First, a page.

• The ventricular escape rate is usually 40-60 bpm
  • The QRS duration is usually wide

https://lifeinthefastlane.com/ecg-library/basics/complete-heart-block/

How to differentiate Mobitz I and II:

In Mobitz I block, the AV nodal cells progressively fatigue and then fail producing lengthening PR intervals. In Mobitz II the conduction system suddenly fails to conduct a beat, leaving the PR interval constant prior to sudden failure.

For patients with second degree AV block with a ratio of atrial to ventricular conduction of 2:1, the distinction between Mobitz type I and Mobitz type II cannot be made from the surface ECG alone.

https://en.wikipedia.org/wiki/Second-degree_atrioventricular_block

Other clues on the ECG may exist. In most cases of Mobitz I, the block occurs within the AV node and a junctional escape rhythm occurs with a rate between 40-60 bpm with a narrow QRS complex. When the block is below the AV node (Mobitz II and complete heart block), a ventricular escape rhythm produces a wide QRS complex with rates that are much slower (20-40 bpm) [2].

QRS complex duration and rate of ventricular conduction are not perfect clues because up to to one fourth of cases with Mobitz II may produce a junctional rhythm with a narrow QRS complex. Alternatively, Mobitz I may also occur in a patient with a pre-existing bundle branch block creating a wide QRS complex. The best way to know for certain is to observe patients for a period of time. A long rhythm strip should be recorded to watch for an occasional conduction pattern other than 2:1 (eg, 3:2, 4:3). A lengthening PR interval would suggest Mobitz type I (Wenckebach), and a consistent PR interval, Mobitz II.

Lastly, atropine could be administered to help distinguish the level of AV block. A lack of response to atropineis consistent with blockage occurring below the AV node and suggests Mobitz type II.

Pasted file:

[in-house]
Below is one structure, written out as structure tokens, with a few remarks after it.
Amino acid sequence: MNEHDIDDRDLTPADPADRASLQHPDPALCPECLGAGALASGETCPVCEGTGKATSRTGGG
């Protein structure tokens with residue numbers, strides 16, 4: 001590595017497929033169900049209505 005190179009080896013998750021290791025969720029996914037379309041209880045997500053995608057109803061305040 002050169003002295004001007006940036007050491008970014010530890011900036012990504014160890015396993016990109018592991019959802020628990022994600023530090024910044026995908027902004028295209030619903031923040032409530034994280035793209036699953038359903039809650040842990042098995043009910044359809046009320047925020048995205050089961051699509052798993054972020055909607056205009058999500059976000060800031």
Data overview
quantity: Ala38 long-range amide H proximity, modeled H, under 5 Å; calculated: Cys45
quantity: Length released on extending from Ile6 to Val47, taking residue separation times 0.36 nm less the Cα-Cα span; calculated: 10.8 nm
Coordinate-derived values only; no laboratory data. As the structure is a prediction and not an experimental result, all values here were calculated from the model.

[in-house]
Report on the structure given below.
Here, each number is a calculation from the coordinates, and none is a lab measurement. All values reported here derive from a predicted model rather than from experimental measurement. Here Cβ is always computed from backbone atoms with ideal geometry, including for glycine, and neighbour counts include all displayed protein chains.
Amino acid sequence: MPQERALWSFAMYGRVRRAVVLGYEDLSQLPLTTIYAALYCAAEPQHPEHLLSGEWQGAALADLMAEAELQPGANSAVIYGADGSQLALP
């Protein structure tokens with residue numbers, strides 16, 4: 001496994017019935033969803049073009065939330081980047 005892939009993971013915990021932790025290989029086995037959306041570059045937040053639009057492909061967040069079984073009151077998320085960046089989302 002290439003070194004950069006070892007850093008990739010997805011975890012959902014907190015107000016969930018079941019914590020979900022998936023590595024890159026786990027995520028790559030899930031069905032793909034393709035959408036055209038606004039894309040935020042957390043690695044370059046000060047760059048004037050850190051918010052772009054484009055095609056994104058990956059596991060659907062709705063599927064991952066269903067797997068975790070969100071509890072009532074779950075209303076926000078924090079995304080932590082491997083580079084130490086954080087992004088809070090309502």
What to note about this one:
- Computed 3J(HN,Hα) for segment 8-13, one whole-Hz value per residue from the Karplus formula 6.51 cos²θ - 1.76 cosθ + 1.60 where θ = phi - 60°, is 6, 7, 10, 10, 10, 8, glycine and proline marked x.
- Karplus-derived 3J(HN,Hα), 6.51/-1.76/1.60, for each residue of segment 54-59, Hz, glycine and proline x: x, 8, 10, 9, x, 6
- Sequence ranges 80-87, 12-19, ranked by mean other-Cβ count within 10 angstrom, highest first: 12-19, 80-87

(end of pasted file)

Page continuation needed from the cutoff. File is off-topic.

High-grade AV blocks:

Mobitz I and Mobitz II can occasionally produce high-grade blocks, with rates of atrial to ventricular conduction greater than 2:1:

Atrial to ventricular conduction is 3:1. There is a wide QRS complex with a rate of 33 (ventricular escape). The PR interval is the same for each conducted beat (there is still a relationship between the atria and ventricles). It is impossible to determine if this is Mobitz I or Mobitz II second-degree block.

In cases of high-grade blocks, bradycardia is severe. Regardless of type of block (Mobitz I or II), these patients often need pharmacologic intervention and pacemaker placement.

The top ECG pointers for Mobitz II and Complete AV block:

  • Mobitz II and complete AV block often occur due to blockade below the level of the AV node producing ventricular escape rhythms.
  • Distinguishing between Mobitz I and Mobitz II is difficulty when there is 2:1 conduction and may require a prolonged rhythm strip, evaluation of QRS duration and PR intervals and a trial of atropine.
  • High-grade second-degree blocks, Mobitz II and complete AV block require pacemaker placement.

But wait, there’s more ECG FOAMed:

References:

  1. Sauer WH. Etiology of atrioventricular block. Nov 2017. Uptodate.com
  2. Yealy, D. M., Kosowsky, J. M. (2014). Dysrhythmias. In Rosen’s Emergency Medicine: Concepts and Clinical Practice 8th edition(pp. 1034-1046). Philadelphia, PA: Elsevier Saunders.
Источник: http://www.emdocs.net/ecg-pointers-av-blocks-part-ii/
1st degree av block rhythm strip
1st degree av block rhythm strip